News in brief – 4 June 2015

UK higher education round-up and highlights from the Twittersphere

June 4, 2015
Chainsaw cutting tree branch

European Union research funding

Cuts: they could have been worse

Planned cuts to the European Union’s research budget have been reduced by €500 million (£357 million) after pressure from scientists, university leaders and MEPs. Under an agreement published on 28 May, €2.2 billion will be taken from the EU’s Horizon 2020 research programme to help to set up a new European Fund for Strategic Investment for jobs creation, rather than the €2.7 billion originally proposed. The deal followed all-night negotiations in Brussels in which funding for the European Research Council and Marie Skłodowska-Curie Actions, an early career researcher fellowship scheme, was ring-fenced. The original plans would have brought a 3 per cent cut to EU grants, a pot from which the UK is predicted to receive about £2 billion in the next two years. This would have come on top of a 7 per cent cut in like-for-like research funding under Horizon 2020 compared with the previous six-year framework, university leaders said. In April, some 50 UK university leaders travelled to Brussels to lobby against the proposals in the largest-ever overseas delegation of vice-chancellors.

Academic publishing

UCL unveils open access press

The UK’s first fully open access university press is due to be launched on 4 June. UCL Press, University College London’s in-house publishing arm, will focus mainly on monographs, textbooks and journals. The press, whose creation was announced 18 months ago, will be open to authors both within and beyond UCL, although its three inaugural titles are all by UCL academics. Paul Ayris, director of library services and chief executive of UCL Press, said: “UCL has been at the forefront of promoting open access. The launch of UCL Press is the next step in our commitment to making academic work as accessible as possible.”

University-industry collaboration

Friends and where to find them

Six interactive maps showing small to medium-sized enterprises across England have been published with the aim of helping universities and colleges identify collaboration opportunities. Commissioned by the Higher Education Funding Council for England, the maps show the size, industry sector distribution and characteristics of SMEs. Madeleine Atkins, Hefce’s chief executive, said the organisation is keen “to ensure that the knowledge, assets and expertise of our world-leading universities and colleges make a real difference…to students, but also to businesses, public services and citizens”. The maps “will form part of our extensive programme of work with Universities UK to support universities and local stakeholders in furthering the government’s ‘place-making’ agenda,” she said.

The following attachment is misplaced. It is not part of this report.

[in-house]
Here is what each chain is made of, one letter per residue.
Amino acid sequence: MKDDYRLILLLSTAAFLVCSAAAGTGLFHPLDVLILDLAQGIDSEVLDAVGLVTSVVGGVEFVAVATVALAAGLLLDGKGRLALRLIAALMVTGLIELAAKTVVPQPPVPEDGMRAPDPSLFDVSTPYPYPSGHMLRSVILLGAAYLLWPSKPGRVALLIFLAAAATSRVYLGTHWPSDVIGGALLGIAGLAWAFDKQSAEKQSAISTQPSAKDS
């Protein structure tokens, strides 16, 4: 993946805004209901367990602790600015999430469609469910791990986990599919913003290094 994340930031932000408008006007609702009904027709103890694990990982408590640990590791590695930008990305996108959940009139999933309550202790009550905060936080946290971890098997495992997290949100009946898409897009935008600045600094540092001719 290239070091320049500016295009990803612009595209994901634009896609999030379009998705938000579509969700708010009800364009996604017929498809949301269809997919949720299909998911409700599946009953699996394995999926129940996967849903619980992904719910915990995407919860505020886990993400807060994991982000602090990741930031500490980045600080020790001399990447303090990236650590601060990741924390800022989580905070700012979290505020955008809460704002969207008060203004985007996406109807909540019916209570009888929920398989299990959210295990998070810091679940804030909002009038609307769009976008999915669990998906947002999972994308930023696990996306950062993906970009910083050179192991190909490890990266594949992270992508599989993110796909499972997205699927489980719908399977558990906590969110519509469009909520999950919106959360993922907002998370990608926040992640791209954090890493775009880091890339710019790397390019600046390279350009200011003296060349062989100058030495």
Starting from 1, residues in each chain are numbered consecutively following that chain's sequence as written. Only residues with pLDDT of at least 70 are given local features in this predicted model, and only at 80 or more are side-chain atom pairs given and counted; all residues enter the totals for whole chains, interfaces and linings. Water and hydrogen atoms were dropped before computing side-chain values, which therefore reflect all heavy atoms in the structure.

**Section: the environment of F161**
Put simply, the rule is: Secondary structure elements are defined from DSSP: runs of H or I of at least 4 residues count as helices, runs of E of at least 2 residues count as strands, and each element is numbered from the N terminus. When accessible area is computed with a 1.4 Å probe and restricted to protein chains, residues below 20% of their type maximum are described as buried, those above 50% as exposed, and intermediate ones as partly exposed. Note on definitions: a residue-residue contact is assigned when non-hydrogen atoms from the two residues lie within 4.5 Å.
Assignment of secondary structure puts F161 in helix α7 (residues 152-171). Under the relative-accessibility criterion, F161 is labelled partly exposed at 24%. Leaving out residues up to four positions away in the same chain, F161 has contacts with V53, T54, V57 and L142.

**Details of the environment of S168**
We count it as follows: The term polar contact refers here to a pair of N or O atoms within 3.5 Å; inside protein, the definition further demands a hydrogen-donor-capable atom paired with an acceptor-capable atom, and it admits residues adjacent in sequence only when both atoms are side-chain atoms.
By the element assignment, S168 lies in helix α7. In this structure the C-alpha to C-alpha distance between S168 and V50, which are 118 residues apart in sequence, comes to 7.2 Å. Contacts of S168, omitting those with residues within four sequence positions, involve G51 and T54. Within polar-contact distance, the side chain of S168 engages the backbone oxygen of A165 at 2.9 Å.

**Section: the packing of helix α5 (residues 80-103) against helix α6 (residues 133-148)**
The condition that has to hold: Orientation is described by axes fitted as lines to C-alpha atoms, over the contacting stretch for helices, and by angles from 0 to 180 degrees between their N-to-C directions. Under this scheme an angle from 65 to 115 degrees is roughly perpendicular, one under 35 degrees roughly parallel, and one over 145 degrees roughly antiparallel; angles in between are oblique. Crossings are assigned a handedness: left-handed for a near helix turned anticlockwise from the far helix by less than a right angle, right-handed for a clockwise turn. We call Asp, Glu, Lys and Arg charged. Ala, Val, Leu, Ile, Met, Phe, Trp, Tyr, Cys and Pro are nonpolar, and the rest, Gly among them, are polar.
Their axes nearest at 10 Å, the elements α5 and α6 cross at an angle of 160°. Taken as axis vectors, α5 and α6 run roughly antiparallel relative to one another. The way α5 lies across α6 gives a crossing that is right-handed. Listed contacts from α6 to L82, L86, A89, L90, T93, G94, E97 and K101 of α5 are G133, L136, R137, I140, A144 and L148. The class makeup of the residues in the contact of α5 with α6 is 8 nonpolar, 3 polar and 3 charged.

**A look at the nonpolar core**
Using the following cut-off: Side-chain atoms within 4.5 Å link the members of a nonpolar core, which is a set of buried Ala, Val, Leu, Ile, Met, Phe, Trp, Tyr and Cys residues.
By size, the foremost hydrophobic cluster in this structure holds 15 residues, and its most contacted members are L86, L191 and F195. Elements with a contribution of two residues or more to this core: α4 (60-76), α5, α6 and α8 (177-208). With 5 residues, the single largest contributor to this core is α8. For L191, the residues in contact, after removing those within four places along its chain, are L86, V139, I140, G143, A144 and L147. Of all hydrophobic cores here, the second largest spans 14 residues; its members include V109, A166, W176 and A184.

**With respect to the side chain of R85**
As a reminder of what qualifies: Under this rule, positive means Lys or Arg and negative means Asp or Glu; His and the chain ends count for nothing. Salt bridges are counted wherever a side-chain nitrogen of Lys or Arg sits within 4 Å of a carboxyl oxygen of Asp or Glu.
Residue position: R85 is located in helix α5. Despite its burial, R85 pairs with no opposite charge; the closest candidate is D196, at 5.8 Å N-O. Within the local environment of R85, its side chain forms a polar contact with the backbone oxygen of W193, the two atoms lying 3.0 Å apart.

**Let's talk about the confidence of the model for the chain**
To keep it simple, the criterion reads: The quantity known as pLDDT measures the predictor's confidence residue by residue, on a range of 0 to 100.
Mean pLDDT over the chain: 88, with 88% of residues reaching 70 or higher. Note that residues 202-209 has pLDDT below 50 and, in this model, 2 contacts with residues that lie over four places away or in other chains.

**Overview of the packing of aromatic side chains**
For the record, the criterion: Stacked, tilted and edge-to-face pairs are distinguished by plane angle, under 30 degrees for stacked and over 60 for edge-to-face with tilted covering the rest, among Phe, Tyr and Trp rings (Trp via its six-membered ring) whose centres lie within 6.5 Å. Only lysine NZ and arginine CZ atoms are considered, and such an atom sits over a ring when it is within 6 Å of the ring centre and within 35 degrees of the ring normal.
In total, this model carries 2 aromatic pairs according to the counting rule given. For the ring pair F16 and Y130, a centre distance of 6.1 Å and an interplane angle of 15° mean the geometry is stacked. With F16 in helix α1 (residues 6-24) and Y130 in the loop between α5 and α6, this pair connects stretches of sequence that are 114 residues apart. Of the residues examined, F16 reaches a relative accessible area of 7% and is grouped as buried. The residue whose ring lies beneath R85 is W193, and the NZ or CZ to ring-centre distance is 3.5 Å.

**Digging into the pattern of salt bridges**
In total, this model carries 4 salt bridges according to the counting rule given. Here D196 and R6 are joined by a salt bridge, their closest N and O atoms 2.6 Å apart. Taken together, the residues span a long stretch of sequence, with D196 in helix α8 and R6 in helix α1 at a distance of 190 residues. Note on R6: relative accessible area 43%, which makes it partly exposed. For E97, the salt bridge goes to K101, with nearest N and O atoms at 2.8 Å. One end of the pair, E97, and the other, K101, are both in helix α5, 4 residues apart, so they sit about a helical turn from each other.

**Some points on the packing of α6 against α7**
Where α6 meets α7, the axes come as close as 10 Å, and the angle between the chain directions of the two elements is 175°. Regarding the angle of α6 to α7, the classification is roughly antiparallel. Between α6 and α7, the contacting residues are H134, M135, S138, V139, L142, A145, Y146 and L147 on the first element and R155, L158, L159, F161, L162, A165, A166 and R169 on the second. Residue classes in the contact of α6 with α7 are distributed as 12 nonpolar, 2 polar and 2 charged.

AHRC/BBC New Generation Thinkers

Ten to address the nation

Young experts in everything from wartime France to the theme of the widow in British literature have been chosen as this year’s New Generation Thinkers. Launched in November 2010 by the Arts and Humanities Research Council and BBC Radio 3, the scheme recognises early career academics who are passionate about communicating research to a wider audience. The 10 winners will spend a year working with BBC staff to develop ideas for broadcast. They are taking part in Radio 3’s arts and ideas programme, Free Thinking, on successive editions from 28 May, and will have the chance to make short programmes for BBC Arts Online.

THE digital editions

Following changes to the Times Higher Education website last week, our digital editions were temporarily unavailable. We would like to apologise to readers for this problem.

Follow Times Higher Education on Twitter

Last week’s Times Higher Education feature on the relationship between academics and administrators was always likely to stoke the fires of debate. While some, like reader @jenthornt, believe the two tribes are “not polar opposites”, others took a different position. “ ‘Visit them in their offices’ Hello? Hello? Anyone seen prof. waffletop this month?” wrote @Charlesknight in response to tips for administrators looking to build trust between themselves and academics. Elsewhere, @c_hallas wondered why this is still an issue. “I thought we’d moved on from this old-tired-stale debate,” he tweeted.

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